The report on Richard Sharp raises big constitutional questions

The Heppinstall report into Richard Sharp’s appointment as BBC chair raised questions about possible reforms and has sparked calls for more far-reaching changes. Peter Riddell surveys such proposals, arguing that the merits of different options need to be carefully weighed.

The long-awaited report by Adam Heppinstall KC into the appointment of Richard Sharp as BBC chair has not only led to Sharp’s resignation, but also triggered a debate about changing how public appointments are made to reduce or eliminate the role of the Prime Minister. This links with many of the themes I discussed in my inaugural lecture at UCL on 26 April.

Having been Commissioner for Public Appointments at the time of Sharp’s appointment, I welcomed the setting up of the Heppinstall inquiry following the disclosure in January that Sharp had been involved – on his own account in a very limited way – in previously secret discussions about arranging financial support for Boris Johnson, the then Prime Minister, in autumn 2020 at the same time as he was applying to become BBC chair.

Heppinstall concluded that the original appointment process had been ‘good and thorough’ but that Sharp had breached the government’s Governance Code for Public Appointments by not disclosing to the advisory interview panel that he had met Johnson to inform him of his application and that he was going to meet Simon Case, the Cabinet Secretary, to attempt to introduce him to someone (Sam Blyth, a distant cousin of Johnson) who might assist the Prime Minister with his personal finances.  This created a potential conflict of interest and the risk of a perception that Sharp would not be independent from Johnson. The Sharp/Case meeting – and differences about what was said and recorded – has attracted considerable attention but is largely irrelevant, since Case never met nor contacted Blyth.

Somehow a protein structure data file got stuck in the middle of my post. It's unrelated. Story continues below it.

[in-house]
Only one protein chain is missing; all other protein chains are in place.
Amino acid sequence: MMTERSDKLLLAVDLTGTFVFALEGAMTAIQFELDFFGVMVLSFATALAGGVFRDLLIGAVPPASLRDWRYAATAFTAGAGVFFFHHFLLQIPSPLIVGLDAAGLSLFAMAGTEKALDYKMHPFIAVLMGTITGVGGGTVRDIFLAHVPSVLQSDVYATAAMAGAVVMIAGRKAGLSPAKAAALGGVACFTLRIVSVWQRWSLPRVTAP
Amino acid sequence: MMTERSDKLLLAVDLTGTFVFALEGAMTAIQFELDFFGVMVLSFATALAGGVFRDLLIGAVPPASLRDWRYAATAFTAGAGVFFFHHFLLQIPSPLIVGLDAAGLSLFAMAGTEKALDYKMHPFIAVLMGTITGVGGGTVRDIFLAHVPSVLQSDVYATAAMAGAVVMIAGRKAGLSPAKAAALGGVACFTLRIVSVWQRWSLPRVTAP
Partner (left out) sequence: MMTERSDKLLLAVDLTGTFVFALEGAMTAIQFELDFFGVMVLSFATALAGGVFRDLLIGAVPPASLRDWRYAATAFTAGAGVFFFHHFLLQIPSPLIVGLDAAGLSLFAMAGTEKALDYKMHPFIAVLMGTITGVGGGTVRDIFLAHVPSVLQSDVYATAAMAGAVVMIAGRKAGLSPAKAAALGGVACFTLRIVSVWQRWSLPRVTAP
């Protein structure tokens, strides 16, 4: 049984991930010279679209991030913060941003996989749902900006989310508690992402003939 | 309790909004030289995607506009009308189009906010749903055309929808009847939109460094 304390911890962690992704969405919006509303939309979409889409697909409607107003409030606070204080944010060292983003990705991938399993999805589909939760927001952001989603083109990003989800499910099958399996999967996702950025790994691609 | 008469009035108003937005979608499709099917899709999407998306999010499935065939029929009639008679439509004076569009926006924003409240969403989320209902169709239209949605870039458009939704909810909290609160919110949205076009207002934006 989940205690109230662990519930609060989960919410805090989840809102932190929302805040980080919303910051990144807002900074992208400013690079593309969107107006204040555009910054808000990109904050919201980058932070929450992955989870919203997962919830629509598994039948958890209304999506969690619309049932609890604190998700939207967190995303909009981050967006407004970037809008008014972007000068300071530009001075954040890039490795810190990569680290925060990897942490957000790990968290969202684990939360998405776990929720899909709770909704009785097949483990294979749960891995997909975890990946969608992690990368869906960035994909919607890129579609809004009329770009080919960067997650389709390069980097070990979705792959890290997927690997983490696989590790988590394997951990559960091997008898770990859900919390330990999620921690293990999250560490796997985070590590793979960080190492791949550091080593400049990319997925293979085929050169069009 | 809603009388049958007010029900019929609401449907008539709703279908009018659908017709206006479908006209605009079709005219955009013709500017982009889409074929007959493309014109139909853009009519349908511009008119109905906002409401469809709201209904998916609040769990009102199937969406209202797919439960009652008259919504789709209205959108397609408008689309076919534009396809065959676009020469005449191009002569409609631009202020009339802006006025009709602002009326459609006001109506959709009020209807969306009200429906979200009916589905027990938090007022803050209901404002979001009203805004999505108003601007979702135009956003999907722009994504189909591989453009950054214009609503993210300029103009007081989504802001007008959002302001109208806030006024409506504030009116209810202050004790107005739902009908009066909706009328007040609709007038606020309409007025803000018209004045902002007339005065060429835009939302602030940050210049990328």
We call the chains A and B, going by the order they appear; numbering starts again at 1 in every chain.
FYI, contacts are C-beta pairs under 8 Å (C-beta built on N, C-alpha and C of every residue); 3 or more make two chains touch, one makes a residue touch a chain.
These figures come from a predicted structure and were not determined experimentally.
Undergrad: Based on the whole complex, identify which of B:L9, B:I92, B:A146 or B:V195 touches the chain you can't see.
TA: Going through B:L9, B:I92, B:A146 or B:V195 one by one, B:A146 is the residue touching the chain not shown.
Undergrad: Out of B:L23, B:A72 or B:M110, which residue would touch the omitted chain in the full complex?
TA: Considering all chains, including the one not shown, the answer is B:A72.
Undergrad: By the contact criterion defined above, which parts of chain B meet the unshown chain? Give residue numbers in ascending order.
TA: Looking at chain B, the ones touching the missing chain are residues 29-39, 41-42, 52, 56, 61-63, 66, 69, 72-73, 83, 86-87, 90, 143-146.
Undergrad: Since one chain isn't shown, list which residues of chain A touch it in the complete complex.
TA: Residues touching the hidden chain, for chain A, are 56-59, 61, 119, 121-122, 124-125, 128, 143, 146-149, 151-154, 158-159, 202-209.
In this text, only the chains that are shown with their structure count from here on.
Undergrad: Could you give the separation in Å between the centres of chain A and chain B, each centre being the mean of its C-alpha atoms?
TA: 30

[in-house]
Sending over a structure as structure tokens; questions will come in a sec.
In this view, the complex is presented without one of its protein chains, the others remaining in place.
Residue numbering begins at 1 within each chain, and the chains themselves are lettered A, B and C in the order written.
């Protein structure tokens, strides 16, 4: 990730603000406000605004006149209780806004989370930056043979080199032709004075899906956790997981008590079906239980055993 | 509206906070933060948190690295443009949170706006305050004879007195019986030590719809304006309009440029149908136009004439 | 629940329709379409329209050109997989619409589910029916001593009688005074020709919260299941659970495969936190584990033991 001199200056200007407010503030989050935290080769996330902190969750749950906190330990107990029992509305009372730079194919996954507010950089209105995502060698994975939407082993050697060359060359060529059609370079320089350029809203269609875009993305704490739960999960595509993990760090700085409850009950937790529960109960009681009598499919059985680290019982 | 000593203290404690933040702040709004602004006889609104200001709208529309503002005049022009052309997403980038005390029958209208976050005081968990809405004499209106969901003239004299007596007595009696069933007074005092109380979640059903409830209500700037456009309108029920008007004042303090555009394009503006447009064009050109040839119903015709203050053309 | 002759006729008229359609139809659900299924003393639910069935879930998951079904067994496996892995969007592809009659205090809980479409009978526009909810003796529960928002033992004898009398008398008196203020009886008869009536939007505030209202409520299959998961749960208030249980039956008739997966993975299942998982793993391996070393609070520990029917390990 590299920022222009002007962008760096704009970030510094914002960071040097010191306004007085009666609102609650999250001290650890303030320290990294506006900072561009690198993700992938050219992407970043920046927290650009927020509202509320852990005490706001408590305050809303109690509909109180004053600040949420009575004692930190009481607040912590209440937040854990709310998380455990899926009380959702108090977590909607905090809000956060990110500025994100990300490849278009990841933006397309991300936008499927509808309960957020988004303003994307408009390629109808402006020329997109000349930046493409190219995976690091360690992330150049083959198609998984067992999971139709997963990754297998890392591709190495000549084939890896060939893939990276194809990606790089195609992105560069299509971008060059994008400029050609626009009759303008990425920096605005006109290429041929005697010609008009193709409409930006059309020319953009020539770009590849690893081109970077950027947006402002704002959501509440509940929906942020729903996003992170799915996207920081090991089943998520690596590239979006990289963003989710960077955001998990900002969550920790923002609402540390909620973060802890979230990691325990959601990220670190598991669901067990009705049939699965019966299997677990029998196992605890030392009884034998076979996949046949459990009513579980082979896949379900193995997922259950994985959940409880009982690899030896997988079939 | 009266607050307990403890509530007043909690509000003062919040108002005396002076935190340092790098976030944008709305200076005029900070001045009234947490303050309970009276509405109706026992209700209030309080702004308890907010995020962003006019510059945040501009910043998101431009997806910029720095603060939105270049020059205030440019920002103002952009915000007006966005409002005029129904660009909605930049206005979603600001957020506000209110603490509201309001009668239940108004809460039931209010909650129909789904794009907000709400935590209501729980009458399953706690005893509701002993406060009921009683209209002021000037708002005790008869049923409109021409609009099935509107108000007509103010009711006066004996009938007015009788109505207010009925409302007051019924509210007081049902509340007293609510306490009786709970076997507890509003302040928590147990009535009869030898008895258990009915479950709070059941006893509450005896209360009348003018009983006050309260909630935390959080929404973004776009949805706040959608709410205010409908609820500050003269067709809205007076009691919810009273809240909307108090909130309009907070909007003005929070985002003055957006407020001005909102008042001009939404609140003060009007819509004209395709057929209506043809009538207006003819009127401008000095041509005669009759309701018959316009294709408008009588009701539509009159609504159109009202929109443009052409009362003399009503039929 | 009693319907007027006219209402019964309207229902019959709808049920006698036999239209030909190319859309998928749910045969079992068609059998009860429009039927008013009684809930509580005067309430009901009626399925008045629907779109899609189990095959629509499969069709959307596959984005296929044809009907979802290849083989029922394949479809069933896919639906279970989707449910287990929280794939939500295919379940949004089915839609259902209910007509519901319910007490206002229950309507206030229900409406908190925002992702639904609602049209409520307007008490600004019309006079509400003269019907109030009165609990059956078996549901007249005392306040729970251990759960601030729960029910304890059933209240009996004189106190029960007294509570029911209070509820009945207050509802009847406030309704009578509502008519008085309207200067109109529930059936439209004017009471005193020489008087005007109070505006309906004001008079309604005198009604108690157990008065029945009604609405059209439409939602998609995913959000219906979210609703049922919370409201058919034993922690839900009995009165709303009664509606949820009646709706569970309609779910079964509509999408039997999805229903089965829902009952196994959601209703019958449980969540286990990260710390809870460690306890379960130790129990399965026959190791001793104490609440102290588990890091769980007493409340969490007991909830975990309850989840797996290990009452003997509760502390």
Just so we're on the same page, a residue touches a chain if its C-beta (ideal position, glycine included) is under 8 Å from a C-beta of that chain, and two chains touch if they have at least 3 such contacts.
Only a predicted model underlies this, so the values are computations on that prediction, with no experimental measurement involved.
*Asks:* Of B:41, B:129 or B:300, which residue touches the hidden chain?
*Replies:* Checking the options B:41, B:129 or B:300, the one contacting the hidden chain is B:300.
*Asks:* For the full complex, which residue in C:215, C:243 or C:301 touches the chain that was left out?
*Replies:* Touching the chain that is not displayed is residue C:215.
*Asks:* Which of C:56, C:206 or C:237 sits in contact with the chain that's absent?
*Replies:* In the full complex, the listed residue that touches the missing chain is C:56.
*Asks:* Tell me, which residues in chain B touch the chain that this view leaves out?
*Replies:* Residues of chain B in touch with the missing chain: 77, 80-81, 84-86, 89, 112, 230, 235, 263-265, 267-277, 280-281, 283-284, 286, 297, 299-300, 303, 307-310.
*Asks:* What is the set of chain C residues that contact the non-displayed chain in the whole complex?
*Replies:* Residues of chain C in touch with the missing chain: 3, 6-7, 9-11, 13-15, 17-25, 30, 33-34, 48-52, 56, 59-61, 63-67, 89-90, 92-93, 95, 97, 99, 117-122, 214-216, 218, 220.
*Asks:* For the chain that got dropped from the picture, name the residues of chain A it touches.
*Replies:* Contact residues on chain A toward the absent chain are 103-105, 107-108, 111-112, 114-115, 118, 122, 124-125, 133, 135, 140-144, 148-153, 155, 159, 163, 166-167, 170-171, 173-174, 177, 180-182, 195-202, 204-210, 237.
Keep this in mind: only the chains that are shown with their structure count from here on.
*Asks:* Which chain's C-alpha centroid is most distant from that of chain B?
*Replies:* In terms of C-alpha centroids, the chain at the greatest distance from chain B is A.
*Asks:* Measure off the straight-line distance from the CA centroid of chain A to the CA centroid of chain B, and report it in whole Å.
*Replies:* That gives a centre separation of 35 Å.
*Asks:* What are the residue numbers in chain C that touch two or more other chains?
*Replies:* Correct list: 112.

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The parliamentary battle over Brexit and the constitution

Today sees the publication of a new book by the Unit’s Meg Russell and Lisa James, The Parliamentary Battle over Brexit. Here the authors summarise some of its key findings about why parliament was drawn into such controversy over the implementation of Brexit. They reflect on what these events teach us about our constitution, as well as what may need to change in order to avoid repeating such problems, and to mend the damage done.

The UK’s arguments over what became known as Brexit began long before the June 2016 referendum, and continued with increasing bitterness afterwards. Parliament was often central, both as a venue for such arguments, and in terms of disputes about its proper role. It and its members frequently faced criticism and blame. Our new book, published today, charts The Parliamentary Battle over Brexit, from the early pressures for a referendum, through disputes about the triggering of Article 50 and control of the House of Commons agenda, the repeated defeats of Theresa May’s deal, and Boris Johnson’s unlawful parliamentary prorogation, to the UK’s eventual departure from the EU following his deal. The book charts what happened, but also asks what went wrong and whether things could have been handled differently. It reflects on what these events teach us about the functioning of our constitution, and what if anything might need to change.

The book includes a wealth of detail about key political moments, and the roles of different individuals and groups. Here we focus on some of the bigger questions about the lasting legacy of the battles over Brexit for the culture and institutions of UK politics, and particularly for the place of parliament itself. A fuller version of this analysis appears in the final chapter of the book.

Referendums and public participation

The referendum of 23 June 2016 was only the third ever such UK-wide vote (the first being on European Community membership in 1975, and the second in 2011 on changing the House of Commons voting system). The handling of the referendum was the single biggest error of the Brexit process, from which many other difficulties flowed.